Film Noir
Film Noir
 (literally 'black film or

cinema') was coined by
film critics (in 1946) who
noticed the trend of how
'dark', ...
Titles
 Titles of many film

noirs often reflect
the nature or tone of
the style and content
itself: Dark Passage
(1947),...
Cinematic Origins and Roots of
Classic Film Noir

European émigré film-makers fleeing

the war in Europe.
The style of G...
Lighting
Strong,

onedirectional lighting,
creating deep
shadows with heavy
contrast against the
lit areas
Crime Fiction
The plots and

themes often taken
from adaptations of
best-selling, hardboiled, crime
fiction by Raymond
Ch...
Historical Conetext
Classic film noir developed during
and after World War II, reflecting
the resultant tensions and
insec...
Themes
Melancholy, alienation, anxiety,
mistrust, loss of innocence,
bleakness, disillusionment,
disenchantment, pessimism...
Male Lead
Very often, a
film noir story
was developed
around a
cynical, hardhearted,
disillusioned
male character
Heros or Anti-Heros
Hard-Boiled
detectives, cops,
private eyes,
gangsters, killers
government
agents, petty
criminals,
mur...
Female Lead
… who
encountered a
beautiful but
promiscuous,
amoral, doubledealing and
seductive femme
fatale
Femme Fatale
She would use
her feminine wiles
and come-hither
sexuality to
manipulate him
into becoming the
fall guy - oft...
The Femme Fatale
The females in film noir were either of

two types - dutiful, reliable, trustworthy
and loving women;
o...
Betrayal
After a betrayal
she was often
destroyed, often
at the cost of
the hero's life
Story & Plot
Storylines were often complex, maze-

like including many double-crosses,
Typically told with dark, moody
b...
Style and Mood
Film noir films (mostly
shot in gloomy grays,
blacks and whites)
thematically showed the
dark and inhumane ...
Style and Mood
An oppressive atmosphere of

menace, pessimism, anxiety,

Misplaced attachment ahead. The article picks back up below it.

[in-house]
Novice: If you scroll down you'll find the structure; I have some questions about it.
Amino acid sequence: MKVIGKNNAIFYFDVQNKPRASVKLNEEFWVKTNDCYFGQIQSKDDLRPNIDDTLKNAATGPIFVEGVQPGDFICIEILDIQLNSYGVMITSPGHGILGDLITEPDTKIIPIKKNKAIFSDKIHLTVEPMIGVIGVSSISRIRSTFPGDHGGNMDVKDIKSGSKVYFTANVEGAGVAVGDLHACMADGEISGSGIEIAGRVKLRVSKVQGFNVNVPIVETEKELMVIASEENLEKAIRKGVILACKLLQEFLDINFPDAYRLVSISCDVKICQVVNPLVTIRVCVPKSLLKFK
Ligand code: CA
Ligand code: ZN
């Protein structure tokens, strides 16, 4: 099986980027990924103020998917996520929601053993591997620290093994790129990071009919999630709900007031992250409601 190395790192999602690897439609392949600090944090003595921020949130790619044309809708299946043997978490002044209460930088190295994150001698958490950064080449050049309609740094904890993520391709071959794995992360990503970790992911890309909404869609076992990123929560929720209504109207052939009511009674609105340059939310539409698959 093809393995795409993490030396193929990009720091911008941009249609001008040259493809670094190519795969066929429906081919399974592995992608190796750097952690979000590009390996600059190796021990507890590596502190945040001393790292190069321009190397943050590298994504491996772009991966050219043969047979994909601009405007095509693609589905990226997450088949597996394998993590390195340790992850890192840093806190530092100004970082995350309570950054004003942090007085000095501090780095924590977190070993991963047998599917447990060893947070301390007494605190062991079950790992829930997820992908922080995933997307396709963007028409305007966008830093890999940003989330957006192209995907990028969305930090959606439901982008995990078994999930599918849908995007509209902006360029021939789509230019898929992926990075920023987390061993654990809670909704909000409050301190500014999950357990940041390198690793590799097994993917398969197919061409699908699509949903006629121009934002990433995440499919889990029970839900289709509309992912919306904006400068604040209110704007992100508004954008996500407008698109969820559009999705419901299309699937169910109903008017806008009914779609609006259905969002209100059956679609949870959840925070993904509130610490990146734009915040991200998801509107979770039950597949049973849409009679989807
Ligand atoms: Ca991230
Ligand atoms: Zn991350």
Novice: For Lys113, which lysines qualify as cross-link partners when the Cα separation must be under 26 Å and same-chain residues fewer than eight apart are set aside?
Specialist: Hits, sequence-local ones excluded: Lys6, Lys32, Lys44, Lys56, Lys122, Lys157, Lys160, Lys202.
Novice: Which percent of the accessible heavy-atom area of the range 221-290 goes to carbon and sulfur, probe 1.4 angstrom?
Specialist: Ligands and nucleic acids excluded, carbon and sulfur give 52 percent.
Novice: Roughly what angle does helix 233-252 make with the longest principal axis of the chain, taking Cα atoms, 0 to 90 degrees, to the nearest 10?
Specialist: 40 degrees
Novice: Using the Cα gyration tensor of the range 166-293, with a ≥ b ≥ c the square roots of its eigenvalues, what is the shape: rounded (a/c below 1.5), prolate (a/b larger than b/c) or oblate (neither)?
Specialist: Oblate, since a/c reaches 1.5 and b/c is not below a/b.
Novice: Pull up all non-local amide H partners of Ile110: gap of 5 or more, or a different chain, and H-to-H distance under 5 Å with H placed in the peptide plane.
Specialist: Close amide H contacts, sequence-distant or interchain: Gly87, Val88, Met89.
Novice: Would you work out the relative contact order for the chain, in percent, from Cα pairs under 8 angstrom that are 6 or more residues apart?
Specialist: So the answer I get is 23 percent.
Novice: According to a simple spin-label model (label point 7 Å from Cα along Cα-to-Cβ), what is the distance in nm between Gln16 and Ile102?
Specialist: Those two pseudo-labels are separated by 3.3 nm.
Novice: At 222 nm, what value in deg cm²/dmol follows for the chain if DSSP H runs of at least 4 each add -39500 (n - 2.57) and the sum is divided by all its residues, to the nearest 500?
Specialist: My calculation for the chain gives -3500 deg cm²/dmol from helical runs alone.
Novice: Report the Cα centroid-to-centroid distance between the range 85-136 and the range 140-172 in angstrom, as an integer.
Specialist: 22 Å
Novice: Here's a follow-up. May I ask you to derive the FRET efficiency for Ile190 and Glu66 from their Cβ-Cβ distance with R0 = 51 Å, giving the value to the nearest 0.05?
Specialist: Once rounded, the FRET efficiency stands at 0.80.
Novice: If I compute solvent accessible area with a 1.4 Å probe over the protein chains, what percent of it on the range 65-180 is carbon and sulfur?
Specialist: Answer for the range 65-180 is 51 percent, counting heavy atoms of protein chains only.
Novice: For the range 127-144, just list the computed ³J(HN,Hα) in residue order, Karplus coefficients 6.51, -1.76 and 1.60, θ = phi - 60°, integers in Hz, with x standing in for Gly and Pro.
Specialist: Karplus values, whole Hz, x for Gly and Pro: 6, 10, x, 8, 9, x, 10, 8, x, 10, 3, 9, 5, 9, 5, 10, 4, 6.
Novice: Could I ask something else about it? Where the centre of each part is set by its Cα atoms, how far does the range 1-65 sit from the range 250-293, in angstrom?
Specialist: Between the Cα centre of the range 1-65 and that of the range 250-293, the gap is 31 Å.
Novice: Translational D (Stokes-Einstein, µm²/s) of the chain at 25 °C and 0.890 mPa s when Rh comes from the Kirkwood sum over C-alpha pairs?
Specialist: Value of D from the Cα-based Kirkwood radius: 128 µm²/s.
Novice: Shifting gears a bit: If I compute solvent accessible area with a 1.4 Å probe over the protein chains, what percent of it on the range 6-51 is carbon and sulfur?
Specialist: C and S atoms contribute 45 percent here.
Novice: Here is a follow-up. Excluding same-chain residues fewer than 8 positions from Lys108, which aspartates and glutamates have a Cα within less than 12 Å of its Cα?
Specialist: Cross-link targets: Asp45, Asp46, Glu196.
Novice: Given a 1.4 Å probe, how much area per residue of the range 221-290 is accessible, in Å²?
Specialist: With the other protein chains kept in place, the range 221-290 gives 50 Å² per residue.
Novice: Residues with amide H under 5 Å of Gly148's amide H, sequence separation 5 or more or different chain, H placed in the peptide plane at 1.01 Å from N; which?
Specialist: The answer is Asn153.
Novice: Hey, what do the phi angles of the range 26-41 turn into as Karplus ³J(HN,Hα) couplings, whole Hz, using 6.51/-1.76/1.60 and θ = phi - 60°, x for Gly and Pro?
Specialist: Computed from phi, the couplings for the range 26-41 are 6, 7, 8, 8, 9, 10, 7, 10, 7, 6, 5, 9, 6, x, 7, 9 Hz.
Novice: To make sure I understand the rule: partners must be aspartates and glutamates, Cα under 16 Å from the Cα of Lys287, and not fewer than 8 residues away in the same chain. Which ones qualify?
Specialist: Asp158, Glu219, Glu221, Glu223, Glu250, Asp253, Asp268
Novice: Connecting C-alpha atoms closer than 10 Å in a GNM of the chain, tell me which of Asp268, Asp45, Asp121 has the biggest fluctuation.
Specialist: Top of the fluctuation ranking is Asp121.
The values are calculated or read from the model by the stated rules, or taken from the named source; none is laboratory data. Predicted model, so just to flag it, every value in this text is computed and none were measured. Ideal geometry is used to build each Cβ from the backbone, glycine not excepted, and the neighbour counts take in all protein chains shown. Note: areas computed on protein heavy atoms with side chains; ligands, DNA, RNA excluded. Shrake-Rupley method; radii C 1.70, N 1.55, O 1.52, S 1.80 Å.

suspicion that anything can go
wrong, dingy reali...
Visual Look
Film noir films were marked

visually by extreme black and
white lighting, ominous
shadows, strange camera
an...
Settings and Place
Settings were often interiors with single-

source lighting, venetian-blinded
windows, and dark, claus...
Locations
Story locations were often in

dark streets, dimly-lit and
low-rent apartments, hotel
rooms, or abandoned
wareh...
The Maltese Falcon
 The first detective film

to use the shadowy,
nihilistic noir style in a
definitive way was the
pivot...
001 film noir introduction
001 film noir introduction
001 film noir introduction
001 film noir introduction
001 film noir introduction
001 film noir introduction
001 film noir introduction
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001 film noir introduction

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Trouble is My Business: Introduction to Film Noir

001 Film Noir: Introduction to Film Noir

A four PowerPoint set covering: Introduction to Film Noir, Characters and Themes, Place and Iconography, Plot and Story Structure. The course was supported by screenings of; The Rules of Film Noir (Documentary) and The Matese Falcon.

Largely stolen, ripped, copied, re-worked and edited from other sources these slide decks were produced to support an ESL Drama course on the topic of Film Noir. My apologies to those I have rampantly sampled but actually I feel I have drawn a number of sources together here to produce something which is more than the sum of its parts (fair use).

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001 film noir introduction

  1. 1. Film Noir
  2. 2. Film Noir  (literally 'black film or cinema') was coined by film critics (in 1946) who noticed the trend of how 'dark', downbeat and black the looks and themes were of many American crime and detective films released following World War II.